Court rules in favor of BLM in wild horse lawsuit

A lawsuit filed by Colorado-based wild horse advocacy groups over issues related to how the BLM manages wild mustangs in the Pryor Mountains like the ones pictured above was decided in favor of the Bureau of Land Management this month after a five-year legal battle. Patti Carpenter

A lawsuit filed by Colorado-based wild horse advocacy groups over issues related to how the BLM manages wild mustangs in the Pryor Mountains like the ones pictured above was decided in favor of the Bureau of Land Management this month after a five-year legal battle.
Patti Carpenter

After a five year legal battle with Colorado-based wild horse advocacy groups over issues related to how the BLM manages wild mustangs in the Pryor Mountains, the U.S. District Court for the District of Columbia ruled in favor of the Bureau of Land Management (BLM)-Billings Field Office.

“On April 9, 2014 U.S. Department of Justice confirmed that the court ruled in favor of the BLM in all challenges of the lawsuit, which means the Herd Management Area Plan and appropriate horse population continue to be in effect, and the U.S. Forest Service’s decision to reconstruct the north boundary fence was upheld,” stated the BLM in a press release issued this week. 

“We are pleased with the U.S. District Court’s findings and our focus is on the future and continuing our work with The Cloud Foundation and other groups to manage for healthy wild horses and healthy rangelands in the Pryors,” said Jim Sparks, BLM Billings Field Manager.  

 The original suit filed in 2009 by two Colorado-based wild horse advocacy groups, The Cloud Foundation and Front Range Equine Rescue, attempted to halt the BLM’s ongoing practice of removing excess wild horses from the 31,000-acre Pryor Mountain Wild Horse Range located on the Montana-Wyoming border just outside of Lovell.  

According to the BLM release, the Colorado-based advocacy groups later amended their lawsuit to also challenge the BLM’s Herd Management Area Plan and boundary for the range, the appropriate population level for the wild horse herd and a U.S. Forest Service decision to reconstruct the north boundary fence of the Herd Management Area. 

“The lawsuit is between the Cloud Foundation and the Custer National Forest and the BLM. The heart of the issue is the forest service fence which restricts the horses from using the best of the range—the high elevation grazing,” explained Ginger Kathrens, executive director of the Cloud Foundation. “As a result, the herd is smaller than it could be if there was access to this area. We brought the forest service into the suit when they issued a call for bids to build the new fence in 2010. That was a new action and we were no longer barred by statute of limitations, as this was a current action. Range expansion is very important since the Pryor herd is small and isolated and vulnerable to genetic decline.”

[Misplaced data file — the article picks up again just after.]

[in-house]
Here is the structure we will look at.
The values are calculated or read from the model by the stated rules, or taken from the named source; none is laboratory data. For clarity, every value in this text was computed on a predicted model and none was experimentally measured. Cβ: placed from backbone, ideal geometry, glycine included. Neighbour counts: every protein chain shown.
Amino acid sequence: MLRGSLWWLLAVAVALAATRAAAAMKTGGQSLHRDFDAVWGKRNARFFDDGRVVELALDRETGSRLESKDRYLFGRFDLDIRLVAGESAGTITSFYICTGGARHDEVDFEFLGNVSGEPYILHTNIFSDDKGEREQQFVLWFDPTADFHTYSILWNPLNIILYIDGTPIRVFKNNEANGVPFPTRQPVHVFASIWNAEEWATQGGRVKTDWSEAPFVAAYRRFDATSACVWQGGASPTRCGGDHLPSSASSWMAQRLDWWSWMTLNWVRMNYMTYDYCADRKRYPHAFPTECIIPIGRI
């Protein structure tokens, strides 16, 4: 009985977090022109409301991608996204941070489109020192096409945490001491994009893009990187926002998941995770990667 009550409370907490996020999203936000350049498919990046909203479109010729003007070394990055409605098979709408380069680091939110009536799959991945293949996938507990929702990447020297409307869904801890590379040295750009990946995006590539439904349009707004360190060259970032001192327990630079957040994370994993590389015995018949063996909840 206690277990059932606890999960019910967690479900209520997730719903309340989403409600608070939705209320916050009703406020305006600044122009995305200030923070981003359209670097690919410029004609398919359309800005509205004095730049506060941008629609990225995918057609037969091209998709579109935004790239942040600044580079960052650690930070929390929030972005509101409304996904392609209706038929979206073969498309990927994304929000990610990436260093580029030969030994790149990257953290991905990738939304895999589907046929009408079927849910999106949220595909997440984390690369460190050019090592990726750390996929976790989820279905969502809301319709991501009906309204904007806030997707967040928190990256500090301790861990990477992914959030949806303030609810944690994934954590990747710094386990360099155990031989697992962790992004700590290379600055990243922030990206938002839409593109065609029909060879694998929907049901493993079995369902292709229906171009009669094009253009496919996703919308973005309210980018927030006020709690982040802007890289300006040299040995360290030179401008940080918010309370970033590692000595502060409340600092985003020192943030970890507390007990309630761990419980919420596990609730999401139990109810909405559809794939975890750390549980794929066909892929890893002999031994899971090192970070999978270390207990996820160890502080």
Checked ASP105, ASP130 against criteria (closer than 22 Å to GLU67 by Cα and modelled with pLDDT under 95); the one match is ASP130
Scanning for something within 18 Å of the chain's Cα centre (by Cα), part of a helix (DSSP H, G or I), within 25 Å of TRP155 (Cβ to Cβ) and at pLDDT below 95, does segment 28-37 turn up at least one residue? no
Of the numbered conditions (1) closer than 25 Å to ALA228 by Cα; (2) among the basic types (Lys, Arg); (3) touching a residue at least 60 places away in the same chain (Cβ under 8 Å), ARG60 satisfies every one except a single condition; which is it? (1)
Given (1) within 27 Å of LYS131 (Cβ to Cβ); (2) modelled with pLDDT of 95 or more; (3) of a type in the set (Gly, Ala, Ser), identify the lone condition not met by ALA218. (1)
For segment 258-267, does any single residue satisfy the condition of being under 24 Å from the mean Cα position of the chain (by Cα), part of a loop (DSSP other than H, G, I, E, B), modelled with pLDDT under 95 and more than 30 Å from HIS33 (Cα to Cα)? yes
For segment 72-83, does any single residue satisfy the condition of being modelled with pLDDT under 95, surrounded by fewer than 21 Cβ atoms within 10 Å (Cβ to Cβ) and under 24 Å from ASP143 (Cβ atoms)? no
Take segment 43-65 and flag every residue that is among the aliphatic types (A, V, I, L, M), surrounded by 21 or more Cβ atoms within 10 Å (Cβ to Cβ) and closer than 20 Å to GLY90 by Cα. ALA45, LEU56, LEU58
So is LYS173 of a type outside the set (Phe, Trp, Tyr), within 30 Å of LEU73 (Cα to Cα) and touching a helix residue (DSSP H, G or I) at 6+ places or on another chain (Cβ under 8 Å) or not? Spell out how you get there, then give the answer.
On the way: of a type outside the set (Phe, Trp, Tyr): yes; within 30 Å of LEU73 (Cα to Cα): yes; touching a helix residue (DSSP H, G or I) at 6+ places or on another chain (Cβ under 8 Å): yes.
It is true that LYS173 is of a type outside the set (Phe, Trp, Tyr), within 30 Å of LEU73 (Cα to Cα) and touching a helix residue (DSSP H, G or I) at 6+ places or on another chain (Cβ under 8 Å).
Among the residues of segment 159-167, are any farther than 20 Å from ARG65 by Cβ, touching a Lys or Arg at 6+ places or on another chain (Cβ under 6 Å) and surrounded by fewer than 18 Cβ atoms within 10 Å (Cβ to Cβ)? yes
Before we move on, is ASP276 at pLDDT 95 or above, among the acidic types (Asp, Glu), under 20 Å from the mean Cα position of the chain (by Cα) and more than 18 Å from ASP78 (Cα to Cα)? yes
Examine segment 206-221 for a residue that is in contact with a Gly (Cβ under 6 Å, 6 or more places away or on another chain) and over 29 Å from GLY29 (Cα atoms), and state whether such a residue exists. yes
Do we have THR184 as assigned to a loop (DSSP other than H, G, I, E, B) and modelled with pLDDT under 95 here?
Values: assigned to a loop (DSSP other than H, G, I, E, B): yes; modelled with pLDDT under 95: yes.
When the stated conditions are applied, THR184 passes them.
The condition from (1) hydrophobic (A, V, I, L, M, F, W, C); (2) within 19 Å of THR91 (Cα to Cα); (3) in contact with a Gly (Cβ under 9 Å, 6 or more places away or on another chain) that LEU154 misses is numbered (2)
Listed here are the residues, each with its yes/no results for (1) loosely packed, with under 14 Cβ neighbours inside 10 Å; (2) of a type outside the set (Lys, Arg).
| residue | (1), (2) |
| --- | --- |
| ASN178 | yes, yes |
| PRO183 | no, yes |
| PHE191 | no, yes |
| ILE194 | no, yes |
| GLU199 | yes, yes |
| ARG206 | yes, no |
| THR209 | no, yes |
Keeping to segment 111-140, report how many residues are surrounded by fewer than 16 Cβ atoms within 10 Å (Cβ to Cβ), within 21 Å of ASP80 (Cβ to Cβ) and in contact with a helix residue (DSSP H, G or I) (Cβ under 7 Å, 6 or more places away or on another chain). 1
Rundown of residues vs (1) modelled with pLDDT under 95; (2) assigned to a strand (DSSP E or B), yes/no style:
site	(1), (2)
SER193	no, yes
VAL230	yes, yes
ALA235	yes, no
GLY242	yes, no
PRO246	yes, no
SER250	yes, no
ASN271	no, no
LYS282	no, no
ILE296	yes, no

Kathrens said her group has already taken steps to appeal the ruling.

“The Pryor herd is one of the oldest in the West, is a unique genetic link to the Spanish Colonial horse, and is a closed herd (i.e. no access from an adjoining herd),” she said. “Although the herd appears to be strong with remarkable longevity, there have been several cases of limited vision or blindness with at least two fillies, one removed in 2009 and the other in 2012. There have been some issues with cryptorchids with one of the stallions we bought in 2009 and with another stallion removed and adopted in 2006. Hernias have also been observed in the herd. They may also be associated with narrowing genetics. 

“I do not know if this is because of inbreeding suppression or not. Obviously, when you have a small, closed herd there is more likelihood that individuals will be more closely related. TCF would like to see the herd managed at higher numbers, but that is difficult based on the acreage available for their use. Range expansion is vital to the long term survival of the herd.” 

In response to the court decision and the appeal, local advocates at the Pryor Mountain Wild Mustang Center in Lovell released the following statement: “The Mustang Center has historically supported the expansion of the range to include Tony Island, an important water source just west of the present boundary. This expansion would include the removal of the recently constructed fence. 

“We believe the way to accomplish this would be to bring all stakeholders into a discussion to build a common understanding of each other’s needs and concerns, as well as find workable management solutions.  However, this type of discussion is difficult when some of the stakeholder groups are dealing with litigation regarding these very issues. 

“For many years, the Mustang Center has supported and contributed to the BLM-Billings Field Office with planning and decision-making regarding the Pryor Horses. We urge a collaborative effort to bring the various federal, private sector organizations and individuals to the table to discuss best measures to ensure the health and sustainability of both the Pryor Mountain Wild Horses and the Pryor Mountain ecosystem.”

By Patti Carpenter 

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